The logic of Inland Empire is nearly inscrutable, at least according to the traditional conventions of film structure and narrative. It is Lynchian logic. It is the logic of dreams and nightmares, in which every character can be the same character (not only metaphorically but literally) and in which places, events, repeated words and, in the case of a film, shots and angles, are pregnant with arcane and yet tautly emotional meaning. In this kaleidoscopic Lynchian dream, the narrative is fractured; it is unclear whether or not the many events and "things that happen" are independent of each other, parallel, overlapping, simultaneous or perhaps altogether hallucinatory. And yet, while it is "fractured," it is entirely unified in its own way according to the madness of its method. The disparate elements form an emotional tapestry that, if it does not make sense, at least loudly resonates on a visceral level. Lynch himself is very cryptic about the movie and when asked what is it about, which is perhaps the wrong question to ask about this film, Lynch has typically responded that it is "about a woman in trouble, and it's a mystery, and that's all I want to say about it." Perhaps a more helpful hermeneutical hint, though, is this. When touring with the movie, Lynch apparently often began screenings by first quoting a passage from the Aitareya Upanishad. The passage is, "We are like the spider. We weave our life and then move along in it. We are like the dreamer who dreams and then lives in the dream. This is true for the entire universe." If Inland Empire is a dream, though, whose dream is it? Is it Nikki's or Susan's? Lynch's? Or is it ours, the audiences? Lynch plays with all of these possibilities, I think, but deliberately and a little frustratingly refuses to give us an answer.
I'm really not sure what else to say about the movie. I could comment on the actors' performances, which are all remarkable, especially Laura Dern's (her performance is made even more remarkable since, as she freely admits, she had no idea what the film was about when they were making it), but almost inevitably, and this is not to say anything against the actors or their abilities, the performances in a Lynch movie often become only another technical feature bringing about Lynch's vision. As I scramble for a way to close this review, I think that the final thing I should say is this: Inland Empire is definitely not for the average moviegoer. It is not even for the average art house cinephile. It sounds pretentious, and perhaps it is the height film snobbery to say it, but Inland Empire is a work of pure abstract art and will be enjoyed only by a few adventurous, and slightly confused, souls. Yet in spite of, or perhaps because of, all its impenetrability, it possesses a compelling grandeur that is quite remarkable. I don't know what Inland Empire is or what it is about, but I feel like it's important and I know that I want to experience it again.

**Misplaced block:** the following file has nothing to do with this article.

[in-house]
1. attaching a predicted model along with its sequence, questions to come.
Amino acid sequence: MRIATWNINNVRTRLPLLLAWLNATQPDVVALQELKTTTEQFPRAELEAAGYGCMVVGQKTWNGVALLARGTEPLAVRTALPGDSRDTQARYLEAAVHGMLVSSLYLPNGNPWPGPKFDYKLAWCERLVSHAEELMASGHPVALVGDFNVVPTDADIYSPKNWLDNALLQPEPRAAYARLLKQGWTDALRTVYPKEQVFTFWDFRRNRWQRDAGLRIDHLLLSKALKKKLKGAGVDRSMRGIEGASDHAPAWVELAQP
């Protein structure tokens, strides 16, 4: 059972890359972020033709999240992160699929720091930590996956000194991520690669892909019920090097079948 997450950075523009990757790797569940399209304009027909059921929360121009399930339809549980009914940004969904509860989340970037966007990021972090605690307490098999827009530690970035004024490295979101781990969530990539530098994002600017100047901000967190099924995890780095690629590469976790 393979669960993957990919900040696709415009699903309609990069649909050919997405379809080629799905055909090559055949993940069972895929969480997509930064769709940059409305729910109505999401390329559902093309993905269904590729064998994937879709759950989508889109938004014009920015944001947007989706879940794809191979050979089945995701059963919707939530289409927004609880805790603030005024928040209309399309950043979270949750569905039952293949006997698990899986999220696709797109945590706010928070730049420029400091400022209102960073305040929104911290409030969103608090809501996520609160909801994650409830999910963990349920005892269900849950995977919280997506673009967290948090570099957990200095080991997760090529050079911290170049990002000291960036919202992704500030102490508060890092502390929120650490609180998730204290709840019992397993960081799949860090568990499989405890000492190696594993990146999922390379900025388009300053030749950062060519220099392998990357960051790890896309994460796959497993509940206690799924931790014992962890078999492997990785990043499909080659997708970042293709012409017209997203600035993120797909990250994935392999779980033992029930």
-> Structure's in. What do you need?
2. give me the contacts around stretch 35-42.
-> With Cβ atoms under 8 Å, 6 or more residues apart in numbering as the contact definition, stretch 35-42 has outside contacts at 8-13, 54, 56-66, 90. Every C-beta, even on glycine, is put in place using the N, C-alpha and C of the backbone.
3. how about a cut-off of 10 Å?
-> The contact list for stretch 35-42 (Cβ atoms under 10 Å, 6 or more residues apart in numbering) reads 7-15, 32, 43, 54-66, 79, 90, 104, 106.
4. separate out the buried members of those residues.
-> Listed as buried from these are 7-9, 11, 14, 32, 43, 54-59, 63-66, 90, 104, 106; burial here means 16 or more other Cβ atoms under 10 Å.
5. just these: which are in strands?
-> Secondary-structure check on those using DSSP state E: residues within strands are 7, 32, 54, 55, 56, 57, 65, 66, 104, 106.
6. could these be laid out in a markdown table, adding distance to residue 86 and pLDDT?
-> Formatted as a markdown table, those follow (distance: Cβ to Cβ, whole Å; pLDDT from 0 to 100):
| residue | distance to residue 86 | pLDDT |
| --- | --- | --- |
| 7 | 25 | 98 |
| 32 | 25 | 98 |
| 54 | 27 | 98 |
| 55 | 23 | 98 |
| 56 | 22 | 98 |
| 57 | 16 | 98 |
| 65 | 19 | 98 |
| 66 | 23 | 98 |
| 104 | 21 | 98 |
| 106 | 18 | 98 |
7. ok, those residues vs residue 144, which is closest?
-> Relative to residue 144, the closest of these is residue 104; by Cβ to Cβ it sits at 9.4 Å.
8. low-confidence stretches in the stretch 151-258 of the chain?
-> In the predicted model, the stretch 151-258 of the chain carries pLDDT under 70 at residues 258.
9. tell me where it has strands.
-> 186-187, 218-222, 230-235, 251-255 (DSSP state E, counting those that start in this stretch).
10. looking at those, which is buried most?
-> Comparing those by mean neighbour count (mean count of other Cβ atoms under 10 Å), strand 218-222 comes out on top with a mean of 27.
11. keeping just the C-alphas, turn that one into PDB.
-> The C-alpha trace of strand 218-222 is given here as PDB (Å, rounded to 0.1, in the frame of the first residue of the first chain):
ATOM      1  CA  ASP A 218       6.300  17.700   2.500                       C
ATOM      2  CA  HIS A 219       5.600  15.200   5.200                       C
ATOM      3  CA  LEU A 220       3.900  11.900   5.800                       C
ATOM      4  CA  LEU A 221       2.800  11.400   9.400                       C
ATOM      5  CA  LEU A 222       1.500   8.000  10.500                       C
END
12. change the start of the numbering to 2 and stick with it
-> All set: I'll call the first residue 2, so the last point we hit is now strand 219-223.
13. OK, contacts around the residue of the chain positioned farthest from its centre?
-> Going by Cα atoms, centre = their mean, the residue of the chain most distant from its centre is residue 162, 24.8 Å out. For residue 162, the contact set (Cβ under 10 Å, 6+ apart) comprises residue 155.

experto crede: a strong, but very qualified, recommendation.
Sunday, August 12, 2007
He turned and looked at me. And I thought he looked a lot older. His eyes looked old. He said: People will tell you it was Vietnam brought this country to its knees. But I never believed that. It was already in bad shape. Vietnam was just the icin on the cake. We didn't have nothin to give em to take over there. If we'd sent em without rifles I don't know as they'd of been all that much worse off. You can't go to war like that. You can't go to war without God. I don't know what is goin to happen when the next one comes. I surely dont.
And was pretty much all that was said. I thanked him for his time. The next day was goin to be my last day in the office and I had a good deal to think about. I drove back to I-10 along the back roads. Drove down to Cherokee and took 501. I tried to put things in perspective but sometimes you're just too close to it. It's a life's work to see yourself for what you really are and even then you might be wrong. And that is somethin I dont want to be wrong about. I've thought about why it was I wanted to be a lawman. There was always some part of me that wanted to be in charge. Pretty much insisted on it. Wanted people to listen to what I had to say. But there was a part of me too that just wanted to pull everybody back into the boat. If I've tried to cultivate anything it's been that. I think we are all of us ill prepared for what is to come and I dont care what shape it takes. And whatever comes my guess is that it will have some power to sustain us. These old people I talk to, if you could of told em that there would be people on the streets of Texas towns with green hard and bones in their noses speakin a language that couldnt understand, well, they just flat out wouldnt of believed you. But what if you'd told em it was their own grandchildren? Well, all of that is signs and wonders but it dont tell you how it got that way. And it don't tell you nothin about how it's fixin to get, neither. Part of it was I always thought I could at least someway put things right and I guess I just dont feel that way no more. I don't know what I do feel like. I feel like them old people I was talkin about. Which aint goin to get better neither. I'm bein asked to stand for somethin that I dont have the same belief in it I once did. Asked to believe in somethin i might not hold with the way I once did. That's the problem. I failed at it even when I did. Now I've seen it held to the light. Seen any number of believers fall away. I've been forced to look at it again and I've been forced to look at myself. For better or for worse I do not know. I dont know that I would even advise you to throw in with me, and I never had them sorts of doubts before. If I'm wiser in the ways of the world is come at a price. Pretty good price too.